, 711 (221 SE2d 405
). We find no circumstances which would dictate the use of handcuffs in this case.
Although McKenzey was on trial for escape, the evidence established that his cell door was left unlocked at night and that he had on many occasions during his imprisonment been left unsupervised while he worked all day as a brick mason with numerous opportunities to escape. He denied under oath any attempt to escape, testifying that he and Daniels meant only to go to a bootlegger's house, which Daniels thought was near the pumping station where they were working, to get some whiskey and to return before they were missed.
Thus there was no "history of escape" to justify the use of restraint as shown in United States v. Bankston, 424 F2d 714 (5th Cir. 1970). Nor were there threats on the lives of the state's witnesses and on the trial judge as in Allen v. State, 235 Ga. 709
, 711, supra. Furthermore, there was a clear showing through McKenzey's undisputed testimony that he was seen by some of the panel of prospective jurors as he was led in handcuffs into the courtroom, and no attempt was made by the trial judge to explain to the jury that seeing McKenzey handcuffed was to have no bearing on its consideration of the merits of the charge against him. Cf. Starr v. State, 209 Ga. 258
, 259 (5) (71 SE2d 654
); Yates v. United States, 362 F2d 578, 579 (4) (10th Cir. 1966); United States v. Acosta-Garcia, 448 F2d 395, 396 (1) (9th Cir. 1971).
We therefore hold that these security measures were not justified under the circumstances of this case and denied McKenzey a fair trial.
2. The trial court also erred in permitting the state, over defense counsel's objection, to question McKenzey as to his knowledge of a subsequent escape by his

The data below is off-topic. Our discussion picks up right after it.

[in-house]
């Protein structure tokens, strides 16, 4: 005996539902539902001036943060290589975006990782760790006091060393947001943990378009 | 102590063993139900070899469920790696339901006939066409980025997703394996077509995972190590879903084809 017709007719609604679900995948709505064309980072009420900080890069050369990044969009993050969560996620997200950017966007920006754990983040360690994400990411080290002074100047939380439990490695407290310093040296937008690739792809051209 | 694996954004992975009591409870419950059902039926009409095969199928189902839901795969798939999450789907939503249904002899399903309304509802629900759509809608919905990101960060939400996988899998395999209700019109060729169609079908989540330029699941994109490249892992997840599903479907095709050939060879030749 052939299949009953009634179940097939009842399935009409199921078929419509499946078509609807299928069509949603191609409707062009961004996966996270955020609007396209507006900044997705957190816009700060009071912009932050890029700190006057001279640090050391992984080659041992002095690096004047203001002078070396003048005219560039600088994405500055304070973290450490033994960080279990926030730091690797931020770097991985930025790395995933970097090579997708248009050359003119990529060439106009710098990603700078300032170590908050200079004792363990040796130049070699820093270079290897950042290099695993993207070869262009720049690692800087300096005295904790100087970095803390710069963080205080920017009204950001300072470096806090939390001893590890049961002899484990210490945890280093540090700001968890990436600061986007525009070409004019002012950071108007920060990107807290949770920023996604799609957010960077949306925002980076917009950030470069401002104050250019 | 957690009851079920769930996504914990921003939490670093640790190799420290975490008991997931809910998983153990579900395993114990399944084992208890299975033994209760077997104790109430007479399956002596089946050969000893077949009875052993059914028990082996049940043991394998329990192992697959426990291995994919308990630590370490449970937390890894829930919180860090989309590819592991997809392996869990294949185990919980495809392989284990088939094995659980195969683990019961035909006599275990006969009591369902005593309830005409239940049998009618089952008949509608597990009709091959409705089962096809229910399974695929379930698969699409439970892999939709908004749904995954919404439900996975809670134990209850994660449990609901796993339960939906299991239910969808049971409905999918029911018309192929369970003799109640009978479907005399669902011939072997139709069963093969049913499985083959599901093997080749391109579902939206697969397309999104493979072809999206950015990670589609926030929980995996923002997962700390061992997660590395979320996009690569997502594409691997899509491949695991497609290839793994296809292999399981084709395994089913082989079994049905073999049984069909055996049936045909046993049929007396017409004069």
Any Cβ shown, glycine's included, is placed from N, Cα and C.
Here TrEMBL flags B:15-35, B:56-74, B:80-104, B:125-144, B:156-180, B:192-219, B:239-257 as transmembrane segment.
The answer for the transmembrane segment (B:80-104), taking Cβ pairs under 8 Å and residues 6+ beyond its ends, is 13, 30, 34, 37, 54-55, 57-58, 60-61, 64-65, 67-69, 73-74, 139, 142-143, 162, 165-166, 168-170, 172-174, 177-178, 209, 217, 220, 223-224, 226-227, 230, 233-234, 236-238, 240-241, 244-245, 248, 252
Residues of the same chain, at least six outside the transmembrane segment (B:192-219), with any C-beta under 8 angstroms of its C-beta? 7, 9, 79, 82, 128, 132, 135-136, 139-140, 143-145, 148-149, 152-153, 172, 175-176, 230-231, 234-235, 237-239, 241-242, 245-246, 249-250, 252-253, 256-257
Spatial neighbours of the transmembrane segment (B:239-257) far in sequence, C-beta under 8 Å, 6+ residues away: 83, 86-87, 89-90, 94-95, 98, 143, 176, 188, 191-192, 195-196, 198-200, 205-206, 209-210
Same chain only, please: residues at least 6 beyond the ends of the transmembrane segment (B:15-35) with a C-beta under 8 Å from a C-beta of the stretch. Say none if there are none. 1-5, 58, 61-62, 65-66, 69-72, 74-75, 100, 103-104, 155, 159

co-defendant Daniels in an attempt to impeach his testimony that he and Daniels intended to return.
The conduct of a joint conspirator after the alleged enterprise has ended is inadmissible against the other. Wall v. State, 153 Ga. 309 (5) (112 SE 142)
; Smith v. State, 230 Ga. 876 (199 SE2d 793)
. While "A witness may be impeached by contradictory statements previously made by him as to matters relevant to his testimony and to the case," (Code 38-1803), Daniels' subsequent escape, if there was one, was neither contradictory nor relevant to McKenzey's testimony or to the case being tried. See Casey v. State, 133 Ga. App. 161
, 162 (2) (210 SE2d 375
). The district attorney should not have been allowed to question McKenzey on this subject, of which he had no personal knowledge, and it should have been excluded from evidence.
3. It was not error to allow the Records Clerk of the Georgia Industrial Institute to testify that McKenzey was an inmate there on the date of the alleged escape. Loughridge v. State, 201 Ga. 513
, 516 (3a) (40 SE2d 544
). Also, "The testimony of a party to a transaction is as high and good evidence to a particular fact as the purported records of the opposite party," (Skinner Poultry Co. v. Mapp, 98 Ga. App. 772
, 774 (106 SE2d 825
)), and McKenzey's own testimony shows that he was an inmate. Therefore this evidence was not subject to the objection that certified prison records would be the highest and best evidence. Loughridge v. State, 201 Ga. 513
, 516 (4), supra.
4. The remaining enumerations of error are without merit or are unlikely to occur upon retrial.
James T. Irvin, for appellant.